If you want to improve your English speaking skills but struggle with finding opportunities online, this post is for you!
I always thought that I’m quite good at English speaking, and I don’t need “to improve my speaking skills.”
I was abroad and had friends among natives, and they had no problems with understanding me. So I didn’t think that was my case.
And I was living in that illusion until I signed up for Fluency challenge, an online competition, where people were challenged to make a video answering questions in English daily 30 days in a row. It took me one video to realize that I wasn’t that good I had thought I was. I instantly understood how many grammar and pronunciation mistakes I made while speaking and that all these years, I didn’t notice them because I didn’t listen to myself that much. But on the video, you hear all your flows very clear.
To say it was painful is to say nothing. After so many years of English learning, my speaking skills still were not good enough. I was ashamed; my confidence was shaken. If you ever have learned any language in your life, I bet you understand how I felt at that moment.
Back then, I had two options:
1. Leave the group, delete all videos, and continue to live in that illusion.
2. Improve your English speaking skills and gain a new respect for myself.
Guess what did I choose?
Right, I had continued to make those videos, and eventually, I became better. When you speak English every day, even if it’s just for 30 minutes you sort of getting used to it and your brain and muscle too.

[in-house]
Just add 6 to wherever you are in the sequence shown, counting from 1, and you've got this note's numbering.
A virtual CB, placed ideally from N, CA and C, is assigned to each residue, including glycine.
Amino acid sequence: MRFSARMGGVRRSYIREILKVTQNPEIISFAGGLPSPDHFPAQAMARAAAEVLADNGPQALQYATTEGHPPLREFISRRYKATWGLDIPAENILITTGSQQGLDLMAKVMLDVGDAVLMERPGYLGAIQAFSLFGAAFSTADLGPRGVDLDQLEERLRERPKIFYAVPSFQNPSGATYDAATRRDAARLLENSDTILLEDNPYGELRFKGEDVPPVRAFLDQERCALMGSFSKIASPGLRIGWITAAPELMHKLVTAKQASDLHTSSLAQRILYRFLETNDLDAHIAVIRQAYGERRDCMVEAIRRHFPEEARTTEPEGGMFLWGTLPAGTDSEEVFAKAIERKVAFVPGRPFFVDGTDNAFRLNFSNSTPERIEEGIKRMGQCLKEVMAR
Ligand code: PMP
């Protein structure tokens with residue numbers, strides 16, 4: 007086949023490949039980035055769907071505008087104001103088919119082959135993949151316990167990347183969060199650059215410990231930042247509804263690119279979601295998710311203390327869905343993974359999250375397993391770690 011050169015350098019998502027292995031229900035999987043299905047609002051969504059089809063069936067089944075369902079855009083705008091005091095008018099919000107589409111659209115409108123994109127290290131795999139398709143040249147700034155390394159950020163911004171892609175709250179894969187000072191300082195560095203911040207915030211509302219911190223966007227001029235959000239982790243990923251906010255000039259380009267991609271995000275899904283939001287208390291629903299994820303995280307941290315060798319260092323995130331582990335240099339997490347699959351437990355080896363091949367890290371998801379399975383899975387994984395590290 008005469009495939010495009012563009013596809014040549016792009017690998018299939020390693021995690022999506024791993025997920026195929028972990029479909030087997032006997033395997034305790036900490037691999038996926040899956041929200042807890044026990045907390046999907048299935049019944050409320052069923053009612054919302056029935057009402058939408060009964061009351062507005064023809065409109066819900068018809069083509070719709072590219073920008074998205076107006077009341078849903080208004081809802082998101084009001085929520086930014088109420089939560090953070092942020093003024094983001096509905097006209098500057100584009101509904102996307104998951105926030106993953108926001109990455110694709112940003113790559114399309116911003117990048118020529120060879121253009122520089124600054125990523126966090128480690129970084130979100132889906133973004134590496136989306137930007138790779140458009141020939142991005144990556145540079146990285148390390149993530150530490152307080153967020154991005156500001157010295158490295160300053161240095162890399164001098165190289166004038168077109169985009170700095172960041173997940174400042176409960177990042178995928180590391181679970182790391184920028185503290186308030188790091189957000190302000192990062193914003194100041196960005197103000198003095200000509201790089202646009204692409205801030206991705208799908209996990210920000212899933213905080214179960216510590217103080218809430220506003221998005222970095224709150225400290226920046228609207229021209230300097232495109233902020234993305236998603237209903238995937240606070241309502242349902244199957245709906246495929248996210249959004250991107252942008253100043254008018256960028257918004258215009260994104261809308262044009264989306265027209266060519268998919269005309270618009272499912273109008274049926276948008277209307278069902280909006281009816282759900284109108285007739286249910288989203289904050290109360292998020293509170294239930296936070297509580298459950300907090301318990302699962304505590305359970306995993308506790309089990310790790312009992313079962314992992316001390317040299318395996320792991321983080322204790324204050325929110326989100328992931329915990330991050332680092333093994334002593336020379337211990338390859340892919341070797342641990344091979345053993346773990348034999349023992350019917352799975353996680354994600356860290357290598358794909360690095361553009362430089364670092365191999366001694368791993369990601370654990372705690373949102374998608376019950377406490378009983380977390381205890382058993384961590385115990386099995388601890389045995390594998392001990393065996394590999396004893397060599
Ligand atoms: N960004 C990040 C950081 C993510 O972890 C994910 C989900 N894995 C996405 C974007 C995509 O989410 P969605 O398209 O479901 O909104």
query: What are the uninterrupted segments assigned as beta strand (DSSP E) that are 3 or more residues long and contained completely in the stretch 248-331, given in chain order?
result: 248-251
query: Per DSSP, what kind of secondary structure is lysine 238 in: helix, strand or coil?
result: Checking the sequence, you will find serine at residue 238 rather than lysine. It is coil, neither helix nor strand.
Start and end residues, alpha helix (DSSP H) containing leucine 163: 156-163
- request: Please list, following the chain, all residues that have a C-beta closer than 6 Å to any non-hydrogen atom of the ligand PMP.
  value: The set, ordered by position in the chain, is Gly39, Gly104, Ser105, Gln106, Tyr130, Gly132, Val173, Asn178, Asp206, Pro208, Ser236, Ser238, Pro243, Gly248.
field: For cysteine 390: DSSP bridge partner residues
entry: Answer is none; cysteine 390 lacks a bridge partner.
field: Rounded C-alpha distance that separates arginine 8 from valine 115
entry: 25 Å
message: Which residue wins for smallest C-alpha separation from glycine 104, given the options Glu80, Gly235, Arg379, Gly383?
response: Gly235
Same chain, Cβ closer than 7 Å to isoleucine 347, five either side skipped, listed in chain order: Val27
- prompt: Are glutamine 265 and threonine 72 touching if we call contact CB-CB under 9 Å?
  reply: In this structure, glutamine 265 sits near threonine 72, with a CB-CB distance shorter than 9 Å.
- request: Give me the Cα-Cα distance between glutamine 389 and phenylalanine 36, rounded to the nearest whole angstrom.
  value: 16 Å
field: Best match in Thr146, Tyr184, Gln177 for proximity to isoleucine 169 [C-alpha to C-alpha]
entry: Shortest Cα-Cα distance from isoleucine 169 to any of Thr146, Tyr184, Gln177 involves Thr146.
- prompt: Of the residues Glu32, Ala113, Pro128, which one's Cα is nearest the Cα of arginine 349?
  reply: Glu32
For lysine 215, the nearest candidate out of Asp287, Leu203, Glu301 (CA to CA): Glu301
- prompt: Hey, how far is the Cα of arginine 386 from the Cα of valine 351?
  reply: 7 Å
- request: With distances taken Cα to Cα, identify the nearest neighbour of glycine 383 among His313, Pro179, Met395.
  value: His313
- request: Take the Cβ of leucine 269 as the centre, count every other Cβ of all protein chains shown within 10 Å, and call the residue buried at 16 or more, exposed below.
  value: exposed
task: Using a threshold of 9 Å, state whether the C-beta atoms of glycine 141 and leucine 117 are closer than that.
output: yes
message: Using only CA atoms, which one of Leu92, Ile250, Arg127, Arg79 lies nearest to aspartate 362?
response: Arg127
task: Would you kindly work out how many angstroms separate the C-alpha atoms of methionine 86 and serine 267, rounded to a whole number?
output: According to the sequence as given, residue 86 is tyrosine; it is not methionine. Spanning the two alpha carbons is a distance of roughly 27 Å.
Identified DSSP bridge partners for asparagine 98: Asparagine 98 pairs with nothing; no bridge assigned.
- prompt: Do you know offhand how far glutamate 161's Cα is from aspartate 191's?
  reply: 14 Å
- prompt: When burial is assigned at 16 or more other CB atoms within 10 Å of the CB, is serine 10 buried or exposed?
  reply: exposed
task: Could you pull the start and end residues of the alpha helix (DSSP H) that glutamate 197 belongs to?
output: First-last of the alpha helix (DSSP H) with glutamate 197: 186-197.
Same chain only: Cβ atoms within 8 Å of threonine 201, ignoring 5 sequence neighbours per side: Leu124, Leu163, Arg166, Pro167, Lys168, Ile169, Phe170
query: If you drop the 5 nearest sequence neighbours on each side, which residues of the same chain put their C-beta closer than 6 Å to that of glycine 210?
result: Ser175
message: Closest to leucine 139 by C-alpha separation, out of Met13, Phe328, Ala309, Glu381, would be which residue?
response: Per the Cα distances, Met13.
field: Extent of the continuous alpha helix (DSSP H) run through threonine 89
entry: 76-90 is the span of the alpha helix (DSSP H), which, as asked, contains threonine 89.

But the most essential part of the story is why I made those choices. And it wasn’t only because I wanted to improve my speaking skills but because I got truly excited about participating in that challenge, about the topics we discussed and the people I met. That was the primary motivation for me. And that’s why it worked so well.
So before start working on your speaking skills, you need to identify what motivates you the best.
Is it a competition or deadline pressure, a prize, a class, a strict teacher, books, movies, songs, biology? It can be anything that energizes you and keeps you excited enough for the long run. (And if you don’t know yet try everything you can, and see what works best for you).
The second thing you may want to do before embarking to actual conversations is to fix your main flows in Grammar and pronunciation. It will give you more confidence. For Grammar issues, I’d recommend grammar lessons on Engvid.com and Grammar Section of Cambridge Dictionary. For pronunciation, check out of the Sounds Pronunciation app or pronunciation dictionary Forvo.
Only after it, you can start looking for opportunities to practice your speaking skills online. And there are some options:
1. Online English school or a tutor
It’s the obvious choice if you have money to pay for classes. You can go to an online school or find a tutor on italki, it’s totally up to you.
The good thing is that a teacher will give you feedback and coach you, so you’ll get there faster. On the other side, you can’t pay forever, and once your classes are over your speaking activity could end too.
2. Language exchange communities and apps